Any sufficiently advanced technology is indistinguishable from magic.

–  Arthur C Clarke

Last week, a team of hackers demonstrated that it is possible to lace physical DNA with malicious software – when that DNA is tested, the results themselves take over the computer on which they are being analysed. From that point forward, any amount of digital mischief can be performed. The DNA transmission mechanism is a platform, and could be used to host any software, nefarious or not. In theory, you could keep a copy of Flight Simulator or the audio of your favourite song in your saliva if you wanted to.

Imagine trying to explain this to some 100 years ago. Where would you even begin? It’d be hard to blame some who just said it was magic.

In the future, there will be magic, and I do not simply mean that there will be advanced technology. As technology becomes increasingly complex, it will become more and more magical – because we will understand it less and less. The few who do understand will be like magicians in our society. Mark Zuckerberg is a prototype of this new breed. The whizz kids of today are the wizards of tomorrow.



As a child, my school friends and I used to joke about what we would do if we could travel centuries back in time, to an age of adventure. Banned from even climbing trees, we would dream of conquest in the age of knights and kings, castles and honour. Adults still entertain these dreams. I’ve heard many a boast over what someone would do if they could return to previous epochs – “I would run the show”, “take over” and “become emperor” to name a few.

There is a presumption that we are superior in knowledge to our ancestors, that we “know more” than they did. But the truth is, we actually know very little that would help us centuries ago, because we are totally dependent on technology, and only a fragment of the population understand how it works to any meaningful degree.

The few who would stand the best chance of thriving in centuries past are those in the same industries that existed so long ago: like farming, fishing or tailoring. But even these are dominated by technology today which outsources many vital skills that would be necessary to know in times past. No would believe the tall tales you might tell of the future, because you wouldn’t be able to explain or create any of the gadgets we now take for granted. Even if you understand the basics of complex systems like the internet, you probably don’t know enough about electronics to assemble a computer using materials from the Middle Ages, let alone somehow source electric current in a literally wireless world.

The best way you’d be able to explain the future would be to say simply that we have discovered magic, which lets us fly through the sky and communicate instantaneously across nations. In this scenario, the modern-day time traveller would not become a ruler or sage. We would be the serfs in this scenario – our disconnection from the natural world would disempower us: tilling the land, forging a blade – very few have any experience of this in Britain.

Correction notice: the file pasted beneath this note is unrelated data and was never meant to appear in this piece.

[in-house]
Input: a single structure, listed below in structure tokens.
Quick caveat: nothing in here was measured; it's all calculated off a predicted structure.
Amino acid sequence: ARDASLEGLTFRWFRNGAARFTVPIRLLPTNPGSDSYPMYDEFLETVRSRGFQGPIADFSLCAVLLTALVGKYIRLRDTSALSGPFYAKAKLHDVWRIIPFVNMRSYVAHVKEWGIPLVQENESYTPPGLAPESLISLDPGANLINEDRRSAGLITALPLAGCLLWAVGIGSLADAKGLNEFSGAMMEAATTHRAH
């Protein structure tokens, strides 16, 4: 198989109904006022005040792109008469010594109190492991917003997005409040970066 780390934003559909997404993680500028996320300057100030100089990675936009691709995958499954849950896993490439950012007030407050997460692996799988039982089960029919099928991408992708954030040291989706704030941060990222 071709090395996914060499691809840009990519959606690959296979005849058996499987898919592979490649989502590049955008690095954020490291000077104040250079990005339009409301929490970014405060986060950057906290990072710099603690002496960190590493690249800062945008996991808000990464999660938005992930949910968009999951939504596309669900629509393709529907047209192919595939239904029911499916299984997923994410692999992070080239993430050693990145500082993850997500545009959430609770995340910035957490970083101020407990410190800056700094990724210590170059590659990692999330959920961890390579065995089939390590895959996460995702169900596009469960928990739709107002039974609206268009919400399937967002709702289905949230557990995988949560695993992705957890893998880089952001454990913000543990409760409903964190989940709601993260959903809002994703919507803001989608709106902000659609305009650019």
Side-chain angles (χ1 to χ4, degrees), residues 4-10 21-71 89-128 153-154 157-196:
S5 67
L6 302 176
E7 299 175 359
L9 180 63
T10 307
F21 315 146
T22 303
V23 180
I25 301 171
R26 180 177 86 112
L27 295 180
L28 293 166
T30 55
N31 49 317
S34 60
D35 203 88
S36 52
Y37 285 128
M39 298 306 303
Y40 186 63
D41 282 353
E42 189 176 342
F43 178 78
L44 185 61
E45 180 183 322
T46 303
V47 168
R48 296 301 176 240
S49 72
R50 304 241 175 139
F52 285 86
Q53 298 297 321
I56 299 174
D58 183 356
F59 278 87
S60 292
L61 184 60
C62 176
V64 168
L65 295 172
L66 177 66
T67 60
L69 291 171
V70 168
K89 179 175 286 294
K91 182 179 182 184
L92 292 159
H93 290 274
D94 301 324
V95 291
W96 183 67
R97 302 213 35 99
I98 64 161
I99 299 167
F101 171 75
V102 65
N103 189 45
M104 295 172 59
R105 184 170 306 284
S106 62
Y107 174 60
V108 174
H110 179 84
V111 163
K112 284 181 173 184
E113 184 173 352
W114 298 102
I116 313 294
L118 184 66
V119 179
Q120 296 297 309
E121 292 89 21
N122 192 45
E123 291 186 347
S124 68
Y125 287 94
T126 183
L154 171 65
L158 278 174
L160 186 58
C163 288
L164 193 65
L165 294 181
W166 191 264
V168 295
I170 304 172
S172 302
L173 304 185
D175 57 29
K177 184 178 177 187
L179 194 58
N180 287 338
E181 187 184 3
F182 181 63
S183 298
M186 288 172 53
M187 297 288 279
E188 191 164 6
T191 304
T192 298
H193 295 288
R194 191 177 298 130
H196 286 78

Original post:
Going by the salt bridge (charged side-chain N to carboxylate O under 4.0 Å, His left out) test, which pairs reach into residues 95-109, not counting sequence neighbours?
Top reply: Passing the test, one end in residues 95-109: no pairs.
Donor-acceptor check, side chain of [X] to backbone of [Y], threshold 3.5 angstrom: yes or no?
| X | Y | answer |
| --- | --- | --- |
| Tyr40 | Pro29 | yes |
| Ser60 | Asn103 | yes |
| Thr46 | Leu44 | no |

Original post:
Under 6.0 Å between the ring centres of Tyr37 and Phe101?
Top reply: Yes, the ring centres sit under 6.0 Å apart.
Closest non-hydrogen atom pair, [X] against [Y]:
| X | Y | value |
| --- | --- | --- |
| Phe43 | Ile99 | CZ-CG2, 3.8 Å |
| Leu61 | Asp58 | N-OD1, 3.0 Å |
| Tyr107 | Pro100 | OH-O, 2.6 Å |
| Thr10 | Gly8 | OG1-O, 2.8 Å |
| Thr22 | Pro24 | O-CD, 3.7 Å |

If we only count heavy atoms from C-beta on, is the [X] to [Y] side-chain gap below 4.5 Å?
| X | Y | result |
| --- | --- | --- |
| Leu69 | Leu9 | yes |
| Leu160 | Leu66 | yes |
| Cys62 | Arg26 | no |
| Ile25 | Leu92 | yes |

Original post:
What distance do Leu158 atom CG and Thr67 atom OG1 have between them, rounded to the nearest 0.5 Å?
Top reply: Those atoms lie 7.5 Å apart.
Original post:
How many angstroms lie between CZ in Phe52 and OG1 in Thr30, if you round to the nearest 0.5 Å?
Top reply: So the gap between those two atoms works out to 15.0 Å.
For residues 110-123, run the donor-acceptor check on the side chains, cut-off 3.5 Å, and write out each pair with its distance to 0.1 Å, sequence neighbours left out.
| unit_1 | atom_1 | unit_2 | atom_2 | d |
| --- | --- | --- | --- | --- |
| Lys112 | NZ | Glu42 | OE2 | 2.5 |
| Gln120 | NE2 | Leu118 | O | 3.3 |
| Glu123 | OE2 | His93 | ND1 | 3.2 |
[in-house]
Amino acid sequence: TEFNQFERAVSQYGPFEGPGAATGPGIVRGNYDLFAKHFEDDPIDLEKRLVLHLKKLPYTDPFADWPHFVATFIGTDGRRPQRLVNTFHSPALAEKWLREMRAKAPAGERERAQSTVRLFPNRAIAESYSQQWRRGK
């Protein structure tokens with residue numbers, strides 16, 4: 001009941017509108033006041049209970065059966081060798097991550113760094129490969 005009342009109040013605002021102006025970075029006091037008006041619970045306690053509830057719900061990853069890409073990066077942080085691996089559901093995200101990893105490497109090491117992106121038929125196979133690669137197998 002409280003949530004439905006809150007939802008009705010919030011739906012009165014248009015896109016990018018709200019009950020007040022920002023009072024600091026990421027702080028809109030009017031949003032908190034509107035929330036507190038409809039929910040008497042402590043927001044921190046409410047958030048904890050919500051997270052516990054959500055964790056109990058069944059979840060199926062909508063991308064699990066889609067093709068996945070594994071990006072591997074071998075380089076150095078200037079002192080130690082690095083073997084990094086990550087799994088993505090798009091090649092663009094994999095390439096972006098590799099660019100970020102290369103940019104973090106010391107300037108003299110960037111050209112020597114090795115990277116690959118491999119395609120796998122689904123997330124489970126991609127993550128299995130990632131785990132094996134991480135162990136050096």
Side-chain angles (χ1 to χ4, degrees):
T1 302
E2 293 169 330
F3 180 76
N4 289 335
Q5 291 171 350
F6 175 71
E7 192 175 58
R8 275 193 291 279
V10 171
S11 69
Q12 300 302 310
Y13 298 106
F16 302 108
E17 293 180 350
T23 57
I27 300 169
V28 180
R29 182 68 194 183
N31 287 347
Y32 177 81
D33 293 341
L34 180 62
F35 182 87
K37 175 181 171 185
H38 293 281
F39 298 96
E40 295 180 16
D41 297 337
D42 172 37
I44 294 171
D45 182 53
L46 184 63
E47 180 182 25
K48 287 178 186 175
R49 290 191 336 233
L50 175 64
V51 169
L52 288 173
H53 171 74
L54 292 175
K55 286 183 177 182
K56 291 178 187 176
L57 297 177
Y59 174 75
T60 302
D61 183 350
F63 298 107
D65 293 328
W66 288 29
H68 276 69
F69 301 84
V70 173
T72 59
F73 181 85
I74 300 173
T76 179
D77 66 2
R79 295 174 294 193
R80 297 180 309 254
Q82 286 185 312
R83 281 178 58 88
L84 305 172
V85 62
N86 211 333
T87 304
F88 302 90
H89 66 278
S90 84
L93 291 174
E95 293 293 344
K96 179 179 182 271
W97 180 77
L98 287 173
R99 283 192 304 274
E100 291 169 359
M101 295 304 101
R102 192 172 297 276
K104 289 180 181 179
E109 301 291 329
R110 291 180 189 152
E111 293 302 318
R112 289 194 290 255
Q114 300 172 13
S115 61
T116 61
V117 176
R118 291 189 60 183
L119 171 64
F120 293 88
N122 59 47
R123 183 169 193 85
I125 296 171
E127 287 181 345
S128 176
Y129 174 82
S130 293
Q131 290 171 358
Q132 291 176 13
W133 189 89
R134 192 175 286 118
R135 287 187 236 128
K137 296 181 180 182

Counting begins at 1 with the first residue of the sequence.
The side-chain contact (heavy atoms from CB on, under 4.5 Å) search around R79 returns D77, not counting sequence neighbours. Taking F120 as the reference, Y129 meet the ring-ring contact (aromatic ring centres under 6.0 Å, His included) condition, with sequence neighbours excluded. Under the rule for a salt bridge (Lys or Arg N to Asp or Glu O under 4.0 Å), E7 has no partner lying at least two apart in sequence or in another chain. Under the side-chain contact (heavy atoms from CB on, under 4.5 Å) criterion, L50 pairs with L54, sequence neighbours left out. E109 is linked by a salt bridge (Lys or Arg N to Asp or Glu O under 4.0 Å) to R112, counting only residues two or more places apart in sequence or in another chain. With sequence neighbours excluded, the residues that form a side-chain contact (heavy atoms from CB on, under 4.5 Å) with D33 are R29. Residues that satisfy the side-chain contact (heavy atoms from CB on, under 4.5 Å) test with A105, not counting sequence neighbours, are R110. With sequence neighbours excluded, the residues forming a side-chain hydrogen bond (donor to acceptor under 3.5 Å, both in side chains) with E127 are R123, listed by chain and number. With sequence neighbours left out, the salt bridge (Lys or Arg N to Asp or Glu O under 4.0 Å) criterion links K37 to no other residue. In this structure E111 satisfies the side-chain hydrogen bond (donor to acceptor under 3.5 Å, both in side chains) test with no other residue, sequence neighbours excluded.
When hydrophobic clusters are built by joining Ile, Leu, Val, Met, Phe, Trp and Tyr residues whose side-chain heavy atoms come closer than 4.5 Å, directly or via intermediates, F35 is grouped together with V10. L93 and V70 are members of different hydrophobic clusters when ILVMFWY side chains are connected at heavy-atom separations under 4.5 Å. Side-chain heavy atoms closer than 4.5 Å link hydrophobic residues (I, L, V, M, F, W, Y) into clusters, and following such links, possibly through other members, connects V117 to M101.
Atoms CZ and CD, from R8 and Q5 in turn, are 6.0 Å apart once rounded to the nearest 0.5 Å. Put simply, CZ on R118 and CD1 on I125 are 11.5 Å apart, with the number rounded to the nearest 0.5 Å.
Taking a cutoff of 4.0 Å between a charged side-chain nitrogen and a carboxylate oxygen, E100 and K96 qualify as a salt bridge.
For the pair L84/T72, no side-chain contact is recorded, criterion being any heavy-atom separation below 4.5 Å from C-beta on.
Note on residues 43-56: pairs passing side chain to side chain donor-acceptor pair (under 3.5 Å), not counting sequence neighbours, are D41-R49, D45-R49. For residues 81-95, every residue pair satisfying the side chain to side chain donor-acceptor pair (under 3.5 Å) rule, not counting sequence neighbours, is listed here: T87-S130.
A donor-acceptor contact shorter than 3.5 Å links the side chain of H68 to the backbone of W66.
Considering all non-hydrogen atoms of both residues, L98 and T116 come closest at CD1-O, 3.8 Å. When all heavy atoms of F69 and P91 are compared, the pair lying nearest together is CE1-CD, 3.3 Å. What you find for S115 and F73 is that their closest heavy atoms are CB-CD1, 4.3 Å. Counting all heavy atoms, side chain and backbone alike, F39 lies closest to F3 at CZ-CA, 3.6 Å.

Back to the future

Extrapolate this forward. We have outsourced many tasks in our everyday lives to electronic systems. This spares us time, which allows us to specialise in our endeavours. We have become more and more dependent upon the technologies which allow us to do this.

Where our working knowledge in the past was quite broad, ranging multiple disciplines or trades, it is now exceedingly narrow: the average worker today is often capable in only one area. But this specialisation is dependent on technology – if you take that away, that worker is stranded being unable to do anything other one specific task. This dependence upon technology will continue, as will the specialisation this allows.


It’s pretty Orwellian, but you could see this as a response to the threat of artificial intelligence and automation. As low-skill jobs are replaced by machines and computers, the only way of keeping a job is by increasing your abilities beyond their natural levels. And of course, in order to secure your place at work, you will need to make yourself irreplaceable – you will need to specialise ever further. Amplifying human ability through technology is a trend that will continue to expand in the future – and one we see as ripe with investing opportunities.

Even though education in technology is increasing, the technology itself is evolving faster. Over time, the number of people able to comprehend everything that is going on will shrink as the electronic systems themselves will become exponentially larger. Those that truly grasp all the intricacies of the digital world we will live in will be like magicians: lords over a population of serfs who can only do one incredibly specific task very, very efficiently.

Just as a journey into the past would beggar us, so too it seems, would a journey into the future – just in a different way.

Until next time,

Boaz Shoshan
Capital & Conflict

PS What do you think about the rise of automation in the workforce? Let me know: